M11 and Accomplices
I had pretty much given up hope on the argument that M11 didn't apply to accomplices. The COA shot it down. OSC didn't take review. I'd stopped encouraging people to raise it. There is some small reason to think it might be worth raising again.
First, let me quote from St v. Cobb, which held that M11 DID apply to accomplices:
Defendant contends that, because he was convicted of robbery in the second degree on a theory of aiding and abetting, he was not convicted of the offense "as defined in ORS 164.405."(3) Rather, he contends, he was convicted of robbery in the second degree as defined in ORS 161.155(2)(b), which imposes liability on a person who "aids or abets or agrees or attempts to aid or abet such other person in planning or committing the crime." Defendant contends that ORS 137.700 makes no express reference to ORS 161.155, and he asserts for that reason that a person convicted of second-degree robbery--a Measure 11 offense--on an aiding and abetting theory is not subject to a Measure 11 sentence. The flaw in defendant's reasoning is that aiding and abetting is a theory of criminal liability, not a separate offense.
That last sentence is the COA's analysis in full. If that last sentence turned out not to be true, then arguably we'd have a shot at getting a different result.
So what's changed? The OSC has taken review of a case that, if it goes the right way, could hold that aiding and abetting is a different offense, not just a different theory of criminal liability. The case is State v. Phillips, and the first question the OSC is going to address is:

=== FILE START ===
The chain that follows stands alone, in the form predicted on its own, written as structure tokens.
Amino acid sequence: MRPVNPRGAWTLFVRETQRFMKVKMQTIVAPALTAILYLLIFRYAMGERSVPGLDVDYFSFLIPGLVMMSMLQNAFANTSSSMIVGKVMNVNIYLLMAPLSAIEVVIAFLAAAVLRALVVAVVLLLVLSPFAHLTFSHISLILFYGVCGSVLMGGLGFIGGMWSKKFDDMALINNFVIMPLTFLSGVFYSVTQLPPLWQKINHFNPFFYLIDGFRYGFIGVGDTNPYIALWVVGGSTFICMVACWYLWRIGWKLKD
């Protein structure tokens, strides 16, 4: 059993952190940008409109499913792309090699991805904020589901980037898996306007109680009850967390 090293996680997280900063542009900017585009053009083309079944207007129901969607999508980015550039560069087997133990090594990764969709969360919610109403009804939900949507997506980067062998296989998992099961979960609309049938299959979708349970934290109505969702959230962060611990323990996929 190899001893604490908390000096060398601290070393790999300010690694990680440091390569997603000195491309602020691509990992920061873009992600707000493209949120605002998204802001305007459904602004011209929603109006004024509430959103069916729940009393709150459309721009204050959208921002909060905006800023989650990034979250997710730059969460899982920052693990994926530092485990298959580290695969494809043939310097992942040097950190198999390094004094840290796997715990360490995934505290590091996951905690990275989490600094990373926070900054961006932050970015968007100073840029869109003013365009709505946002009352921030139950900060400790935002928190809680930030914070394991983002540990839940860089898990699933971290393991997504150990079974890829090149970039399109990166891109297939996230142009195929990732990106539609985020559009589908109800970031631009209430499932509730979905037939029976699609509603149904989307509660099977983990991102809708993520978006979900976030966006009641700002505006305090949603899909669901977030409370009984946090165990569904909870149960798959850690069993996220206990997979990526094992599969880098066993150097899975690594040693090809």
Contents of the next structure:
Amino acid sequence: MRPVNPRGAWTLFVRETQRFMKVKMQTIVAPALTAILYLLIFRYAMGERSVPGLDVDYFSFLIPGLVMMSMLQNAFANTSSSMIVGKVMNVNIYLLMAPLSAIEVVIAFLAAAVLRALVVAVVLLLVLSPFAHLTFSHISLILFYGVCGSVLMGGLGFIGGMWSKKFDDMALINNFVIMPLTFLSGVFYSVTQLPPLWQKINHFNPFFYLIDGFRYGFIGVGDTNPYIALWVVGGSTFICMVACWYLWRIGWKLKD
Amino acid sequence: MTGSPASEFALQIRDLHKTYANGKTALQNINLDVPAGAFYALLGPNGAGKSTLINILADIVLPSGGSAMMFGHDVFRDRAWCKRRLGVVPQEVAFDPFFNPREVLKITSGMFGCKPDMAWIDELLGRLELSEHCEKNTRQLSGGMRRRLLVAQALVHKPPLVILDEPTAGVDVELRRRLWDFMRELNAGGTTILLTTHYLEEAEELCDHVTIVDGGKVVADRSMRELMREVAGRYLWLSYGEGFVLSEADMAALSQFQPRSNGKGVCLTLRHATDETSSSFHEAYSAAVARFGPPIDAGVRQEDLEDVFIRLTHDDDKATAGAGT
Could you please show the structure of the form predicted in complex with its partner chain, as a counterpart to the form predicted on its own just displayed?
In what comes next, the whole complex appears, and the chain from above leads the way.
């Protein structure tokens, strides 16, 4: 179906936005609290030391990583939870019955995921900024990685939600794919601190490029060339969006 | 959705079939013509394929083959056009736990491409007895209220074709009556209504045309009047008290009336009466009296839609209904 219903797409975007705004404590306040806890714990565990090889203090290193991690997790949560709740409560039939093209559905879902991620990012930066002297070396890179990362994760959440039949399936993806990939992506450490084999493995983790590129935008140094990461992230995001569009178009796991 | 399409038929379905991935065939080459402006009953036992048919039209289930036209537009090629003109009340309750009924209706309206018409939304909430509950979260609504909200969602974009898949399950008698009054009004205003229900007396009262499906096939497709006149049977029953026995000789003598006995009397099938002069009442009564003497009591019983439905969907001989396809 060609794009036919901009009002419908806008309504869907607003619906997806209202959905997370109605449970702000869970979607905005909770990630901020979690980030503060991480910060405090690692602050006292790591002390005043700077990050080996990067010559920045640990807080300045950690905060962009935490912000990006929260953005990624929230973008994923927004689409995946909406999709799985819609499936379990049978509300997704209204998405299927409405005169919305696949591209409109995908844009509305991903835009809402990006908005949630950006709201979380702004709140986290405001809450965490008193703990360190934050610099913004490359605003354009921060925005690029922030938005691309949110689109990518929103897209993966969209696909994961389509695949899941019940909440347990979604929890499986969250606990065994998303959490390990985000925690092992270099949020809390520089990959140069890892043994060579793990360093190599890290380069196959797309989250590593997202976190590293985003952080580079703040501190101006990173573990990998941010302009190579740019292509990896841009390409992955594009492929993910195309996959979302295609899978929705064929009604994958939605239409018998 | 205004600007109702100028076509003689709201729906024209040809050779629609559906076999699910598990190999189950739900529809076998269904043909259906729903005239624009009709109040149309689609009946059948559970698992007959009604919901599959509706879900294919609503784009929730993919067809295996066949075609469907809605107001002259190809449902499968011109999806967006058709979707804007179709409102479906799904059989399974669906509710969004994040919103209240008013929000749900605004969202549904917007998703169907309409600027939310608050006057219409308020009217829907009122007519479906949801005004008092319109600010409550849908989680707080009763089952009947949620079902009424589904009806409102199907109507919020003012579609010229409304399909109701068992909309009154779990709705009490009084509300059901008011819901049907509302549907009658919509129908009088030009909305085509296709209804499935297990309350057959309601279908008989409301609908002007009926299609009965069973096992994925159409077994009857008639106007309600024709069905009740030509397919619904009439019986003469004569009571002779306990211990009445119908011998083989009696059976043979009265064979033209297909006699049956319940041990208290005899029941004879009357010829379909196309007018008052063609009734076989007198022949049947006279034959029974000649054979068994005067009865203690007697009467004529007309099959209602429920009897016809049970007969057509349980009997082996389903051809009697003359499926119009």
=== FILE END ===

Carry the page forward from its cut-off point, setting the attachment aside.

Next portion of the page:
(1) Is the crime of assault in the third degree, committed by the defendant while aided by another person actually present, the same crime as assault in the third degree committed by another person aided by the defendant?
The second question is:
(2) If principal- and accomplice-liability are the same crime, are they also the same prosecution theory?
Now, there are a lot of ways Phillips could go. Mr. Phillips could win and we still get a ruling that doesn't help us with the M11/sentencing argument. For example, the OSC could make a ruling specific to that particular crime, the elements of which make it somewhat unique among crimes. (Yes, "somewhat unique" is a semi-oxymoron, but there's only one other crime with similar elements: robbery in the second degree based on "aided by another actually present.") Or Phillips could lose.
But there is at least a small possibility that the OSC could hold that accomplice liability and principal liability -- because they have different elements -- are two different crimes. And if they do that, the COA's holding in Cobb falls apart.
Is this a reason to go to trial? Of course not. Is this a reason to take 60 seconds to preserve the issue after you've already lost the trial? You have to ask?